Maryanne Jacobs lets her children Rio, nine, and Bryden, eight, stay home.
With no formal lessons or timetables, she says they learn by themselves.
The family from Gorebridge in Scotland practise new idea of 'unschooling'.
Children can choose what they do, when, and when they go to bed.
Miss Jacobs says children learn numbers by playing Minecraft and baking."


Read more here.

Maryanne and her daughter then appeared on breakfast television - ITV's Daybreak programme - yesterday and, whilst I was really glad to see public discussion of unschooling, I was also concerned for them and wondered what they would be asked and how they would come across. You can watch the programme here for the next 5 days. It is a short feature, found 140 minutes into the programme at 8.10 a.m.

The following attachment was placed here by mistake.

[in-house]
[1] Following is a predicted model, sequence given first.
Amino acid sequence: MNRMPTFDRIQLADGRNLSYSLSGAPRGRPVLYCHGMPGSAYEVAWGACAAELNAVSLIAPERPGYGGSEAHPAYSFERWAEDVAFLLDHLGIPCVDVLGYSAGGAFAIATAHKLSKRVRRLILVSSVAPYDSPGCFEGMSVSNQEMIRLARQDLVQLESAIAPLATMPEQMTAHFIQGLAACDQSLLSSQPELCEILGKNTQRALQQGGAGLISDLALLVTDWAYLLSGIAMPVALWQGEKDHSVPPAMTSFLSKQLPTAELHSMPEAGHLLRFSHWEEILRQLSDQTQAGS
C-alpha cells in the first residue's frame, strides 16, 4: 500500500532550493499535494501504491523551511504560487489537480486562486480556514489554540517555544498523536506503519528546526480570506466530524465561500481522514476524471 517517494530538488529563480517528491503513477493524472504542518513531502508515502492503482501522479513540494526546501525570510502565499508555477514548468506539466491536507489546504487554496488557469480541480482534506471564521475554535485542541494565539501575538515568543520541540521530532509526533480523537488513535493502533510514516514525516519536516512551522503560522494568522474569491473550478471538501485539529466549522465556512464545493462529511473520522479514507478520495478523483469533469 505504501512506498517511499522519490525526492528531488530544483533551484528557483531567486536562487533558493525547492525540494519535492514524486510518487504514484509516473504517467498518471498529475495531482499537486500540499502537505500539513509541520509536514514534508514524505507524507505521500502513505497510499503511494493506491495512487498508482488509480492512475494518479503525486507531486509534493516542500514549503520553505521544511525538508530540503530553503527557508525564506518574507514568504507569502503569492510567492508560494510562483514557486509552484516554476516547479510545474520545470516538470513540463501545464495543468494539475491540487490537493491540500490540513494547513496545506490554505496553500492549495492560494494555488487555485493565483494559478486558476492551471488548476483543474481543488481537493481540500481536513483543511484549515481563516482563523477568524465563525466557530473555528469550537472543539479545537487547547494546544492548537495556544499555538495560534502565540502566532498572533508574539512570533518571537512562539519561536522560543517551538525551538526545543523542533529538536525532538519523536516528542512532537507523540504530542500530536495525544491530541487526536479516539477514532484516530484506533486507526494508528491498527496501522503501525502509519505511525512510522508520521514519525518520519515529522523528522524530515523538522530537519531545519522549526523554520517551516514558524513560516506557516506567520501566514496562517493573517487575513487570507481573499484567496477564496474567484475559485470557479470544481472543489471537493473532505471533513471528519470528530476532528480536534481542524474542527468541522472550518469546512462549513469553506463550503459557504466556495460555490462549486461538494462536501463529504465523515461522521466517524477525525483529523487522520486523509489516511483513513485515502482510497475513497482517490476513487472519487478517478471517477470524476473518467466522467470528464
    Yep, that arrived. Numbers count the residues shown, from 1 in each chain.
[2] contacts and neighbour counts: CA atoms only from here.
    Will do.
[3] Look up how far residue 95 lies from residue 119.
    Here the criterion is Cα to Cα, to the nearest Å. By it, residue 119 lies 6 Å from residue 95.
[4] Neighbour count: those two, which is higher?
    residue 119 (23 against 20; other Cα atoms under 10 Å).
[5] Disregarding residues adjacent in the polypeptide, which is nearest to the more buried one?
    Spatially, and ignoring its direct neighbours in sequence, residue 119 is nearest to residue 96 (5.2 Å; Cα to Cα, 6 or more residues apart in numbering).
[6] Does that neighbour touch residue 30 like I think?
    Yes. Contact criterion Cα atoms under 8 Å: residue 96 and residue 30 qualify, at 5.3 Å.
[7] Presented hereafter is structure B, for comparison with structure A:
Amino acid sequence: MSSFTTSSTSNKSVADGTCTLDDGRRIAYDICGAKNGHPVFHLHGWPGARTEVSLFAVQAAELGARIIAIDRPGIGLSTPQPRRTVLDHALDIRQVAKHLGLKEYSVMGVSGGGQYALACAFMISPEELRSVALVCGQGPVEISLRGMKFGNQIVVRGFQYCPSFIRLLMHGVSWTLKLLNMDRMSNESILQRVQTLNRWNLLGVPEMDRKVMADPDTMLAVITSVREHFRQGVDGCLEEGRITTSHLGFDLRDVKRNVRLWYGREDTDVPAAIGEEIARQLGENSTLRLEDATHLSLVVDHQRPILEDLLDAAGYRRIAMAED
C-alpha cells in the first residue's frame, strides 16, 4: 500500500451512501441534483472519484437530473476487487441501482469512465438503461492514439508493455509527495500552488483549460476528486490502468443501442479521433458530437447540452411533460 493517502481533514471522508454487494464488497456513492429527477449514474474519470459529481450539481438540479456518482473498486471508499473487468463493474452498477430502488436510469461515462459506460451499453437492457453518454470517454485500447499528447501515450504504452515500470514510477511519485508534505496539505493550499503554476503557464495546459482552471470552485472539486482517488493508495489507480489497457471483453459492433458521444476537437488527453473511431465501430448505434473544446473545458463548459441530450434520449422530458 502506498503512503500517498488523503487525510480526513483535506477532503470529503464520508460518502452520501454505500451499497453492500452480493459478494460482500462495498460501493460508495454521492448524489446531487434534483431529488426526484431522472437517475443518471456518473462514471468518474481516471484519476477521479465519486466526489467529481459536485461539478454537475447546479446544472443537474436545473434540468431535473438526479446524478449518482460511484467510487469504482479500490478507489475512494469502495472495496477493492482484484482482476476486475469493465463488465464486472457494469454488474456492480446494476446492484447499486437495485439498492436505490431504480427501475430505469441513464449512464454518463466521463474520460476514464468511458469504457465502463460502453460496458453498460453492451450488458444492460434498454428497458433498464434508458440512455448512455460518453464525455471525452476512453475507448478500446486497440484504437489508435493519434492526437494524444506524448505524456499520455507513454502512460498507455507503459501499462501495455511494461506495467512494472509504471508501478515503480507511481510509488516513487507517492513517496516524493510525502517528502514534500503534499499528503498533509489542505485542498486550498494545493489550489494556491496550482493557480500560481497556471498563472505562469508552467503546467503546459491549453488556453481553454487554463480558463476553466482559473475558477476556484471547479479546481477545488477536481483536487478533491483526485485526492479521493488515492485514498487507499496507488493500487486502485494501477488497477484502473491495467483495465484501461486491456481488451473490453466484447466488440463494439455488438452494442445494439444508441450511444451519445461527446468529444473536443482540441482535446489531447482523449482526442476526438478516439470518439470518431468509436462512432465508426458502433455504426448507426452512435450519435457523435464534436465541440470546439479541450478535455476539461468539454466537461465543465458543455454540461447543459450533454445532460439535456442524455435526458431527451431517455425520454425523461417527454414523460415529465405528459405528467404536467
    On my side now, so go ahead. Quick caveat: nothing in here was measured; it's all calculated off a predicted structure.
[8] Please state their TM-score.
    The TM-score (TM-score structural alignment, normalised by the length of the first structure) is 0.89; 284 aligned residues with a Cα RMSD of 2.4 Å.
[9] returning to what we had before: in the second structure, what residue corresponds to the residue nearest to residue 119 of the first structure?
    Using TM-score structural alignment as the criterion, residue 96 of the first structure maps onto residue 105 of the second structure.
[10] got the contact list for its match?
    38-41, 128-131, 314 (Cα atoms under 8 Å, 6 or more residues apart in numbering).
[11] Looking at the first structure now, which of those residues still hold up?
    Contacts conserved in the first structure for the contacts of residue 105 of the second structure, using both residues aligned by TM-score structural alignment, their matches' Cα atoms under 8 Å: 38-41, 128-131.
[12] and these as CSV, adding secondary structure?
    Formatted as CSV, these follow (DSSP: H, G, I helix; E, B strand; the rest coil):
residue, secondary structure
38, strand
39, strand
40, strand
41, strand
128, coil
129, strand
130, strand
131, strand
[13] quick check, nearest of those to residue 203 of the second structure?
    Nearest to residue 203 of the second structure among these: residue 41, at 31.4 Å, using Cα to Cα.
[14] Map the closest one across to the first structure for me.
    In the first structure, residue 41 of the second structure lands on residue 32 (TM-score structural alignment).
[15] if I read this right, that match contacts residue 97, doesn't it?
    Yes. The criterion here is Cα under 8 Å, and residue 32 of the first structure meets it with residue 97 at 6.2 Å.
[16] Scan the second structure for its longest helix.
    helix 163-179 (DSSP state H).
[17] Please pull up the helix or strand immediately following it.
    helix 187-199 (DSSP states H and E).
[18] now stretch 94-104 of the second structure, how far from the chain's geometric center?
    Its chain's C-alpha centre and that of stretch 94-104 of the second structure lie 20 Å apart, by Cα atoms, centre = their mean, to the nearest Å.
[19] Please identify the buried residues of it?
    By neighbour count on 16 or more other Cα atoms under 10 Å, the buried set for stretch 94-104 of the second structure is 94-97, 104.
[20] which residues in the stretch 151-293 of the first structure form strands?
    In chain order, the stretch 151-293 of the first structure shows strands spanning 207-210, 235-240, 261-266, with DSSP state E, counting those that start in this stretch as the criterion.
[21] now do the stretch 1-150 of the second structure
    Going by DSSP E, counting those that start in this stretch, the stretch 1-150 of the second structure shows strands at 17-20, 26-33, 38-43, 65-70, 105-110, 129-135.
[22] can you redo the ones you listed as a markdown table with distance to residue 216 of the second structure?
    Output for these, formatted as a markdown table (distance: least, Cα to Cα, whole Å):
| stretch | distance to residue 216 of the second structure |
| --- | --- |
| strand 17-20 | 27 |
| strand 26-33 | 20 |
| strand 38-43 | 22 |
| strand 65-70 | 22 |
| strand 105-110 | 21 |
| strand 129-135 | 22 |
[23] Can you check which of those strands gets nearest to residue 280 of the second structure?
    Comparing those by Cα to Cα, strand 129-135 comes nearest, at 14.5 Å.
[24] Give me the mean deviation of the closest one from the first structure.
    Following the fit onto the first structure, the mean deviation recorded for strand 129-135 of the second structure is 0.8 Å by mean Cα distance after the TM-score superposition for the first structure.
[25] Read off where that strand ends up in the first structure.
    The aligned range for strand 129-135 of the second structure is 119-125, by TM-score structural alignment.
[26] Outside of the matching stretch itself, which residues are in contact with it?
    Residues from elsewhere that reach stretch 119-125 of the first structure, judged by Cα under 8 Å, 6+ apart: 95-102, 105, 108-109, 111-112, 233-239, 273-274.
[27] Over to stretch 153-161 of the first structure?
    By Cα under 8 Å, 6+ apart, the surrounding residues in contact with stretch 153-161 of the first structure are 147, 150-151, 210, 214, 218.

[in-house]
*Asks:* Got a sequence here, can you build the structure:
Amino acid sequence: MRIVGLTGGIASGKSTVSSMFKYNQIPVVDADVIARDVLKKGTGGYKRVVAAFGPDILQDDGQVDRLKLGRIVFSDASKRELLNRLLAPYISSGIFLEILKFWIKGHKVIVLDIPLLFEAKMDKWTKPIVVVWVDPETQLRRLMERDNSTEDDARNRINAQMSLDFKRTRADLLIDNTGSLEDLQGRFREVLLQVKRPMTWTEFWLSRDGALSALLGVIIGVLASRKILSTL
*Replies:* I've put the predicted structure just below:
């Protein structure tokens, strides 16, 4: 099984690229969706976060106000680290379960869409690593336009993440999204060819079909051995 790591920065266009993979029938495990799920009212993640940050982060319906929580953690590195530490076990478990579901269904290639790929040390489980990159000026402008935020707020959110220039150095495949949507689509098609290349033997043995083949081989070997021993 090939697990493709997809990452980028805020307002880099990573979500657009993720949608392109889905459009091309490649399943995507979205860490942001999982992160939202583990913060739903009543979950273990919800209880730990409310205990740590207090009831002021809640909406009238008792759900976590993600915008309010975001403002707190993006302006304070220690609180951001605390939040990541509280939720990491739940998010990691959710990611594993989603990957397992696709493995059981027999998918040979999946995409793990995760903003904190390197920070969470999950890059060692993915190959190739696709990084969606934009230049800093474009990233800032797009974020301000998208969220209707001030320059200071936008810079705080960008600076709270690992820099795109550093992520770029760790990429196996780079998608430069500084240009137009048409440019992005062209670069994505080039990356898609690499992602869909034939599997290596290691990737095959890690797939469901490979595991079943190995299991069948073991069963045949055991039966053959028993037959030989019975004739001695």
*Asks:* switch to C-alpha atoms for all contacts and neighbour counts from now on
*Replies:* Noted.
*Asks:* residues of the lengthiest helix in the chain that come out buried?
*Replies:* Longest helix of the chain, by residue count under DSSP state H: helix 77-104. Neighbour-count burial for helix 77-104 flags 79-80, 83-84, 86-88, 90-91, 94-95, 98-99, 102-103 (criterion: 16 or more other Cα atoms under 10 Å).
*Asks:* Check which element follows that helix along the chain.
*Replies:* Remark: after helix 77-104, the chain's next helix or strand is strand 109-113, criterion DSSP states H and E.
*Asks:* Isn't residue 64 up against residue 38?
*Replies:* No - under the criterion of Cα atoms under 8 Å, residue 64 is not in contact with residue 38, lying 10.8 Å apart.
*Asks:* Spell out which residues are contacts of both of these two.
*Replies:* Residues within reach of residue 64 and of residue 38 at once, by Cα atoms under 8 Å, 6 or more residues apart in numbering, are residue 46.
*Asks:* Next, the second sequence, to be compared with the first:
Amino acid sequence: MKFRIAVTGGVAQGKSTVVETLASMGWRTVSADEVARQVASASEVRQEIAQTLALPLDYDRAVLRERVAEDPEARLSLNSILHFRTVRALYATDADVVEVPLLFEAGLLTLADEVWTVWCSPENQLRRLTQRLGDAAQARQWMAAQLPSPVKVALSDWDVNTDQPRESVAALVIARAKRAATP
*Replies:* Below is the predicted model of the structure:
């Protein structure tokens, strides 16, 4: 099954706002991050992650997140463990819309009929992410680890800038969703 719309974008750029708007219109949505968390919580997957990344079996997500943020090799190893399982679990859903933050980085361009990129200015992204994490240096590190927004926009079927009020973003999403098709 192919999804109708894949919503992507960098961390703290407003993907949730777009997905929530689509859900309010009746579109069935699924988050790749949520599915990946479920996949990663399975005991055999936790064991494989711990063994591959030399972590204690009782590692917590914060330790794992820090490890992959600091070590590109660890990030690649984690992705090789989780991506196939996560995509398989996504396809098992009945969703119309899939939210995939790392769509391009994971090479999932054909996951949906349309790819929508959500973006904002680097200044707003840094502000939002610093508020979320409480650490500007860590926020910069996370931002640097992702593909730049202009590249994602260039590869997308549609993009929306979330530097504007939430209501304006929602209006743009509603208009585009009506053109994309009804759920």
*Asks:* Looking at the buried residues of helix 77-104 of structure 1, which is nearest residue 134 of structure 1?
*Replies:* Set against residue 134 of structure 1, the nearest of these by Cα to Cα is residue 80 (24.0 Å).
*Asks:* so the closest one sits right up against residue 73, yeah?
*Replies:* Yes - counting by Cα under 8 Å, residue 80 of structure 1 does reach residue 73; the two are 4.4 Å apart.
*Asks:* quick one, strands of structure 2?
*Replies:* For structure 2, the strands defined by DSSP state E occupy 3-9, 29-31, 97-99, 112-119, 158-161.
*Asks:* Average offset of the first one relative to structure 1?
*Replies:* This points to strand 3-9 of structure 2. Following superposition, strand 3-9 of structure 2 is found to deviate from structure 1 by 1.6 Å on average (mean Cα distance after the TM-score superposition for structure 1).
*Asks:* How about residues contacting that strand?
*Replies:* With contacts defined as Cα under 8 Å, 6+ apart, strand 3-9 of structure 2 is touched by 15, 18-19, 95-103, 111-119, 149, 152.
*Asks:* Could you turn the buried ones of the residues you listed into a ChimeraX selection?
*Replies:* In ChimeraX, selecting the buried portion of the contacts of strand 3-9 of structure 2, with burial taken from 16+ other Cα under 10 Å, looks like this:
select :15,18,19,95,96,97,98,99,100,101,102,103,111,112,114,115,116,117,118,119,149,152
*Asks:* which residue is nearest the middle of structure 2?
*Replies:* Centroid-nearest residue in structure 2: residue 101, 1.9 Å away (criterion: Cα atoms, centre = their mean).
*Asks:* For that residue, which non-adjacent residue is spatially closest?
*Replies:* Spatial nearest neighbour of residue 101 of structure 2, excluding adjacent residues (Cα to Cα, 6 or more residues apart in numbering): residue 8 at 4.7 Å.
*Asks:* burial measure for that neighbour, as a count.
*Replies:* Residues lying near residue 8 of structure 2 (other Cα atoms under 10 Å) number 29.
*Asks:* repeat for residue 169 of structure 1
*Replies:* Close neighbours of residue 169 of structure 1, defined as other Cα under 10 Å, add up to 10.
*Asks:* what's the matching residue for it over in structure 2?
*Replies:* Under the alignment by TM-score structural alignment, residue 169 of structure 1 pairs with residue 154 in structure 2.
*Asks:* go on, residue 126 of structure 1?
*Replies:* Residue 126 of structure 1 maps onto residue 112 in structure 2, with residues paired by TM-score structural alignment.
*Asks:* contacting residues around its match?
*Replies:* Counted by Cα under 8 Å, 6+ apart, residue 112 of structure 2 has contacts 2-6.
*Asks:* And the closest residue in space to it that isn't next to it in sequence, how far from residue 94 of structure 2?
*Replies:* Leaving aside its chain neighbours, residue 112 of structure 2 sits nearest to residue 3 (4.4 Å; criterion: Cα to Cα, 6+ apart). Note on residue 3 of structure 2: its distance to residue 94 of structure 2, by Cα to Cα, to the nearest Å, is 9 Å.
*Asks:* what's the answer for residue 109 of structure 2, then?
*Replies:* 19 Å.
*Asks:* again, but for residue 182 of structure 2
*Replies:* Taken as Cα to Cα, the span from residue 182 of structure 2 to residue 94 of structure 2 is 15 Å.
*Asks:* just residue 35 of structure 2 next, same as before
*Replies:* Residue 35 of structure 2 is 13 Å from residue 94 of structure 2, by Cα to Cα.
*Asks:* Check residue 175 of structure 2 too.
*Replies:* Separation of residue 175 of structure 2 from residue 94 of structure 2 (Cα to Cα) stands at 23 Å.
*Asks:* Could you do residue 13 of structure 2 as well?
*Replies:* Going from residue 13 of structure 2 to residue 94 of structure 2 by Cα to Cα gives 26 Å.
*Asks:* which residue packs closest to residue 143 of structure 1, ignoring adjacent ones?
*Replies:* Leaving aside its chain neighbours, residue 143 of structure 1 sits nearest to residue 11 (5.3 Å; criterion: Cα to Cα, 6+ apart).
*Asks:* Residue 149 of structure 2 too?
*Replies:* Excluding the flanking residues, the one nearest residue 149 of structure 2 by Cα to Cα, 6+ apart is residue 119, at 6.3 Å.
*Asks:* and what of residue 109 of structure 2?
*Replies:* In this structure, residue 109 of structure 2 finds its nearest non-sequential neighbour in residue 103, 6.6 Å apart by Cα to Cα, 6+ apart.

If you missed the feature, I thought I would share here the questions which were put to Maryanne and her daughter and share my own responses. The feature began by briefly describing a typical day in primary school as constituting "typically 5 hours of learning" (including playtimes). This, for start-off, was an interesting statement, as so much time in school is spent on organising and administrating children. A great deal of time in school is wasted. "5 hours of learning" ... Well, what does learning look like, I want to ask? Do they mean "structured lesson time"? Time spent sitting in front of the teacher and board, or writing in an exercise book? When YOU learn something, what does it look like? Do you watch a youtube tutorial? Are you sitting in front of the television, or looking something up on Google? Maybe you're at the gym mastering some new piece of equipment. Where do you go to learn? This is such a big question. What does learning look like? Of course, the answer will be different for each individual person, no matter how old or young they are. The problem with schooling is that it separates learning from the rest of life. Unschooling does not make this distinction. In fact, children are learning all the time.